Viceroy’s House: Take-One.TV video discussion starter

Viceroy’s House tells the true story of the partition of India into (mainly Muslim) Pakistan and (mainly Hindu) India, which led to one of the biggest mass migrations in history as some 14 million people found that their homes were suddenly on the ‘wrong’ side of the border.

Download this video by right-clicking on this link and choosing ‘save target/link as’

Discussion questions:

Download this print-ready version

  1. Hugh Bonneville (who plays Lord Mountbatten) describes the film as ‘a huge story that still has resonance today.’ In what ways do you think that the consequences of separating people according to their faith resonates with issues in the world today?
  2. In today’s society what might it mean to ‘dance with your own kind’? What do you think are the consequences of such an approach to life?
  3. Manish Dayal (who plays Jeet) says that the Hindu, Muslim and political perspectives ‘don’t know each other’s perspectives, but the audience does.’ How important is it to see other people’s perspectives? What unique contribution can movies bring to this process?
  4. Hugh Bonneville (who plays Lord Mountbatten) says that the personal family history of Gurinder Chadha, the film’s director, brings a ‘level of passion and authenticity’. Do you agree? What do you consider to be the relative merits of personal experience and objectivity in art? And in politics?
  5. Huma Qureshi (who plays Aalia) says ‘it’s about two people believing in a common dream.’ What do you believe is, or could be, a common dream for all of humanity? What is the source and basis of that commonality?

Additional resource for churches and RE teachers:

This Bible Brief explores a biblical perspective on the issues raised in this discussion starter video. 

  • “So God created human beings in his own image. In the image of God he created them; male and female he created them.” (Genesis 1:27)

For many years, philosophers and theologians have debated what is meant by ‘in the image of God’ (technically called ‘Imago Dei’). But there is broad agreement on two features. First, people are relational. That is, we have an essential capacity for love, because ‘God is love’. Second, people are communal. That is, the image of God applies to every person, regardless of any other differences between us. This text highlights male/female, the most obvious difference between people, to illustrate that all are made in God’s image.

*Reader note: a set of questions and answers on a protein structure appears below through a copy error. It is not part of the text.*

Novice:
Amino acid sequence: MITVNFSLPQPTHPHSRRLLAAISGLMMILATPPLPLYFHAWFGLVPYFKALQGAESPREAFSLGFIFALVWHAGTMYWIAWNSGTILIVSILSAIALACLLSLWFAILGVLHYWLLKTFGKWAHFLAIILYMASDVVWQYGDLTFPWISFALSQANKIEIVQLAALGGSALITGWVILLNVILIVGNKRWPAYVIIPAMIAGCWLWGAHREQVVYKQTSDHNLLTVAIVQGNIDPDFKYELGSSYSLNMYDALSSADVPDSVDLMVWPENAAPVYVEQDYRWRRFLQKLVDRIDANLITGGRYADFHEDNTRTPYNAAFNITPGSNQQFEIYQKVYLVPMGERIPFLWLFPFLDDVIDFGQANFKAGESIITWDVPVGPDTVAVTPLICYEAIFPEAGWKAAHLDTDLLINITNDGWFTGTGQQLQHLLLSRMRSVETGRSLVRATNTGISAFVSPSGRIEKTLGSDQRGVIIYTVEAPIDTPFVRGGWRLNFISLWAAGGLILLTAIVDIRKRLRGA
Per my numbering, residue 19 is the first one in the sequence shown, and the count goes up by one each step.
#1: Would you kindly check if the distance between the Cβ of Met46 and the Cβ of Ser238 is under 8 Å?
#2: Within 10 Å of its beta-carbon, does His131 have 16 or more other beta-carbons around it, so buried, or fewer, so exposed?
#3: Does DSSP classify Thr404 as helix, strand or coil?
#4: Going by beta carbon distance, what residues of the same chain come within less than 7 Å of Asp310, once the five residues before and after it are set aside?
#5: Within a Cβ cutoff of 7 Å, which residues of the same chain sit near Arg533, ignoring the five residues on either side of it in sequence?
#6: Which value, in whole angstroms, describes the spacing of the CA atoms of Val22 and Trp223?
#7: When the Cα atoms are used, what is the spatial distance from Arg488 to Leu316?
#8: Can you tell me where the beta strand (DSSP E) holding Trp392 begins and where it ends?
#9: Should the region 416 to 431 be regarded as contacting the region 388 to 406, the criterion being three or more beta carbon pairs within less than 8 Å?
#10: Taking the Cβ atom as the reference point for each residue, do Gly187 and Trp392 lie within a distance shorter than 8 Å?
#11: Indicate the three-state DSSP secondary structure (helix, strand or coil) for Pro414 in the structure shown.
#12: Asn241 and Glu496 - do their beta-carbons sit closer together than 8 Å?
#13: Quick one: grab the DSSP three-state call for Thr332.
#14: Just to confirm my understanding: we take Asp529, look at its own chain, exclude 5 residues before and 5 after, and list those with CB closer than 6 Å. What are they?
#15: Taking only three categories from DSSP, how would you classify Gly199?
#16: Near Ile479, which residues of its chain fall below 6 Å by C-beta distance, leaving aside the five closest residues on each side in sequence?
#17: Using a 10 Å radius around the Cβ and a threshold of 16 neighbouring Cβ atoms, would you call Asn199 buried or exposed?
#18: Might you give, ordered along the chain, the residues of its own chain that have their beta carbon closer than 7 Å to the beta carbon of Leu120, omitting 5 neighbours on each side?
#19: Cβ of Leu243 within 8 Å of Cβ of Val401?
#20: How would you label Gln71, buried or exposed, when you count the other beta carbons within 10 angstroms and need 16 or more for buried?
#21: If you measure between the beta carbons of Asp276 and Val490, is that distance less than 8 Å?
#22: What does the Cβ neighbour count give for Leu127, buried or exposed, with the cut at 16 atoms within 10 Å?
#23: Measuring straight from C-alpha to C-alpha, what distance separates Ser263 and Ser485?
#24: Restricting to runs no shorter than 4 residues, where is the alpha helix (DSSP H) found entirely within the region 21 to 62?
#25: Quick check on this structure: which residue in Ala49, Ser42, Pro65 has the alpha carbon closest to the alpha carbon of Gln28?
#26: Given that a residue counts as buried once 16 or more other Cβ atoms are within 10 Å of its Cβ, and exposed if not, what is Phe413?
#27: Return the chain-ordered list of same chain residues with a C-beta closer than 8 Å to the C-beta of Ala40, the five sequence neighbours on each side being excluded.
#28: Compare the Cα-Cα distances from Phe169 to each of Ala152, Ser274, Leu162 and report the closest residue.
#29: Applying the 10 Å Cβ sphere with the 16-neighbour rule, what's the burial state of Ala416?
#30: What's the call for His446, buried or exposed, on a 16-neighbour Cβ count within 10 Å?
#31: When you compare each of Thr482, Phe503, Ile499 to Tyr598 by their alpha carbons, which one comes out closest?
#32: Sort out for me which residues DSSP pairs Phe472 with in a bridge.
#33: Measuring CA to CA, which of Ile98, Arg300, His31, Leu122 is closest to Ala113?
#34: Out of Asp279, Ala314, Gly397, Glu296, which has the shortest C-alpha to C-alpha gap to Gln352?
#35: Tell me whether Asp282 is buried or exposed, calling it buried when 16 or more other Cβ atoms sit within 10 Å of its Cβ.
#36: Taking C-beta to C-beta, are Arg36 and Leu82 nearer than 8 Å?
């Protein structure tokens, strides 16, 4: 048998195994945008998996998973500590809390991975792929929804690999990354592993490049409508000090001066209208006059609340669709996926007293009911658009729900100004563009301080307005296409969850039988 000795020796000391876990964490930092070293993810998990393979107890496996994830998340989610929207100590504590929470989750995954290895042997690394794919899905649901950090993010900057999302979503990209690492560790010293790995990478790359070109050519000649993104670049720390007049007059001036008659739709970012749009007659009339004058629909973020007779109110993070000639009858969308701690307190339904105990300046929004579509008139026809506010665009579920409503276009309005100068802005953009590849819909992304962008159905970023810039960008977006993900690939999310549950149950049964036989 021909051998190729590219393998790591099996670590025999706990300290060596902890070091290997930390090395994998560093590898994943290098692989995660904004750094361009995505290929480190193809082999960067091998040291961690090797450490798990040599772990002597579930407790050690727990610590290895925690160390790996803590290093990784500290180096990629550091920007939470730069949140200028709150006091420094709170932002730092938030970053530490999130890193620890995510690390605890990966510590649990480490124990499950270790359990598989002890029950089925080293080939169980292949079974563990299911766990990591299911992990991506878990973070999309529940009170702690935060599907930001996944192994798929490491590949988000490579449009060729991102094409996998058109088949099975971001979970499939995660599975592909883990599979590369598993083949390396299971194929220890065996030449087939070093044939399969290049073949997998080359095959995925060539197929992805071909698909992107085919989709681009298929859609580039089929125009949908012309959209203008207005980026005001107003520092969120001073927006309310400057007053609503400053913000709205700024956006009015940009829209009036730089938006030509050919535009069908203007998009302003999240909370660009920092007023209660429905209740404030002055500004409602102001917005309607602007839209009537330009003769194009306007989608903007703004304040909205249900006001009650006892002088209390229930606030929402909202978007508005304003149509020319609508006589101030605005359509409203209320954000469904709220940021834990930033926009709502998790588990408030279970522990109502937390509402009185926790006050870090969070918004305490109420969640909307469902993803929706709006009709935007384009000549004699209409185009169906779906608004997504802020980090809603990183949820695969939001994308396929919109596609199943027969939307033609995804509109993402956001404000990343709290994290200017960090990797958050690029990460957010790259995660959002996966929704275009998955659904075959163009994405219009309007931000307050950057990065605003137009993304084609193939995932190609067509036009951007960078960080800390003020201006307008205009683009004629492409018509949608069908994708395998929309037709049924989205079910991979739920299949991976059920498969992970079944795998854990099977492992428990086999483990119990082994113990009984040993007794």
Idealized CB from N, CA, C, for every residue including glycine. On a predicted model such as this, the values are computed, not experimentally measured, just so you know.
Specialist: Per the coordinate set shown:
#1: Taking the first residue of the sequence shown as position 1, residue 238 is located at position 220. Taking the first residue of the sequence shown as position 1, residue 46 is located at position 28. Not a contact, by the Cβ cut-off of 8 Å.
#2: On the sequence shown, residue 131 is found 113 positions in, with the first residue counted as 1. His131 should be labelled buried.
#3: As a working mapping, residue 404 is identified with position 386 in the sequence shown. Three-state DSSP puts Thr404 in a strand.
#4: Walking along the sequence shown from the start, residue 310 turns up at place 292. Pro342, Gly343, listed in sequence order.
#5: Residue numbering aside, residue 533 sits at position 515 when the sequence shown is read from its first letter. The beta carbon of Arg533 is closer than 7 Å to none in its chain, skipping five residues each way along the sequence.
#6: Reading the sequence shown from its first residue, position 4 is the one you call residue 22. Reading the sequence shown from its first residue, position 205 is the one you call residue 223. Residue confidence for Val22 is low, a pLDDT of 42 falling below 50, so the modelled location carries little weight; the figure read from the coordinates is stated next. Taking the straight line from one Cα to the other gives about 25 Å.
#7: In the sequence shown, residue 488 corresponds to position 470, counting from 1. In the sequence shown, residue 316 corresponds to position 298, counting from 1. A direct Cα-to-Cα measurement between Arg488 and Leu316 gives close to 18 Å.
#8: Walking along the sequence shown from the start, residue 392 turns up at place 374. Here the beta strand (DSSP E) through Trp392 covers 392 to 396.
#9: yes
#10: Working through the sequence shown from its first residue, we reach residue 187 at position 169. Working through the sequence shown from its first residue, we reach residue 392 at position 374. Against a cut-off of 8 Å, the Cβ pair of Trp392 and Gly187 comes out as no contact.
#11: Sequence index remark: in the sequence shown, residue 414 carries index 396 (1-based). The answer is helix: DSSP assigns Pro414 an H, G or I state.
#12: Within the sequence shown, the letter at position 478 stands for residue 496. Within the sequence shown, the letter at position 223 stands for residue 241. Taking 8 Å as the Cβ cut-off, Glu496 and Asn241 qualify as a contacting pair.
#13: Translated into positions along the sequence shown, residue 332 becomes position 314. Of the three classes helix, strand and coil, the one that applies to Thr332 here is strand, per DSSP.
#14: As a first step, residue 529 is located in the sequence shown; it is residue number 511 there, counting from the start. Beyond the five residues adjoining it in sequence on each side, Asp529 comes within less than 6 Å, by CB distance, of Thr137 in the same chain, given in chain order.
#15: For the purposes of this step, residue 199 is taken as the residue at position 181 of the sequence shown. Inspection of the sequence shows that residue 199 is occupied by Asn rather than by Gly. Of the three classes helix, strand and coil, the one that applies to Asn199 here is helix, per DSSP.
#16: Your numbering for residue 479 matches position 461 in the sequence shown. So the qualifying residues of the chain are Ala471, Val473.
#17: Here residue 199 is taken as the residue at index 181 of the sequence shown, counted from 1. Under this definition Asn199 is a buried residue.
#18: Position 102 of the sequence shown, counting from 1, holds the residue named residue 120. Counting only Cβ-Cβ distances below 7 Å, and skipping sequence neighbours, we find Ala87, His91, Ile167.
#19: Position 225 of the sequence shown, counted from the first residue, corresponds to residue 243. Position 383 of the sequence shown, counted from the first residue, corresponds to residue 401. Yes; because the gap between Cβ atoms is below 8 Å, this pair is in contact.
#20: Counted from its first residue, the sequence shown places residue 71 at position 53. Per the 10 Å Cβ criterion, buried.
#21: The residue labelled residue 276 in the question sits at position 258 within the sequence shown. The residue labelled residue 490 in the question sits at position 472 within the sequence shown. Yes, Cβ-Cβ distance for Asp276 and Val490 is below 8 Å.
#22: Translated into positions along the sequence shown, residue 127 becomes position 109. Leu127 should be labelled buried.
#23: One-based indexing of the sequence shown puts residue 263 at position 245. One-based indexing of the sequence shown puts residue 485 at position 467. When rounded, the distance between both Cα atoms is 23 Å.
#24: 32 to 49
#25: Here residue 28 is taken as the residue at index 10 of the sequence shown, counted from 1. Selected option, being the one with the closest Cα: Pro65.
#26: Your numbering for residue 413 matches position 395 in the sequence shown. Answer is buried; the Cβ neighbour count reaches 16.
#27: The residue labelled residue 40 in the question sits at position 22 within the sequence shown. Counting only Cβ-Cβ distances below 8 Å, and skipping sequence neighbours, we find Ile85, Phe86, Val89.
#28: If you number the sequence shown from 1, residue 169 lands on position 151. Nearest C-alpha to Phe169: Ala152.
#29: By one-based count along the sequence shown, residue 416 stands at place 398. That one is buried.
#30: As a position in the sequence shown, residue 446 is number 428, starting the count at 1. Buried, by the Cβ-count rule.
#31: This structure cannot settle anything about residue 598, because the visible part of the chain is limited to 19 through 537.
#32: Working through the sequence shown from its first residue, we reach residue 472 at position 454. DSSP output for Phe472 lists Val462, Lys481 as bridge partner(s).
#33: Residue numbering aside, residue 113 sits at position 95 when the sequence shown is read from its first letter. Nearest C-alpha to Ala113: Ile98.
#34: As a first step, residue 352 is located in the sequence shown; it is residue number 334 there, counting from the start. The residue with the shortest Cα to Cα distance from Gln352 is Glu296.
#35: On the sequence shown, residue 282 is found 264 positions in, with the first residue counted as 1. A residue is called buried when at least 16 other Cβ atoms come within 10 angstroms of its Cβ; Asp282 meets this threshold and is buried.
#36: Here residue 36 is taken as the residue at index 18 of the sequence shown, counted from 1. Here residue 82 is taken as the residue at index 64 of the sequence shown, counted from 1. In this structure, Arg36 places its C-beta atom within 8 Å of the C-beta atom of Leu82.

‘We belong together’ Jeet (played by Manish Dayal)

  • “One day Cain suggested to his brother, “Let’s go out into the fields.” And while they were in the field, Cain attacked his brother, Abel, and killed him.” (Genesis 4:8)

Because people disobey God (begun by Adam and Eve, but continued by all of us) relationships and community have broken down (starting with Adam & Eve’s sons Cain and Abel, but continued by all of us). Our love tends to be turned inwards to ourselves, instead of outwards to others.

‘Dance with your own kind’ Engagement party guest

  • “Through your descendants all the nations of the earth will be blessed, all because you have obeyed me.” (Genesis 22:18)
    “This promise is to you, to your children, and to those far away, all who have been called by the Lord our God.” (Acts 2:39)

But God wants to restore us to his original creation plan in which people have an outward looking love, and live in an inclusive community (starting with Abraham, but continued through all of us who respond to God’s call).

‘My grandfather spent 18 months searching the refugee camps for my grandmother, he eventually found her and the two were reunited’ Gurinder Chadha (Director)

  • “After this I saw a vast crowd, too great to count, from every nation and tribe and people and language, standing in front of the throne and before the Lamb. They were clothed in white robes and held palm branches in their hands.” (Revelation 7:9)

The last book in the Bible describes the coming fulfilment of God’s promise. People from all over the world, regardless of their differences, are restored and united, with white robes symbolising purity and palm branches symbolising joy.

‘It’s about two people believing in a common dream’ Huma Qureshi (who plays Aalia)


See also: Movie Moments article on this film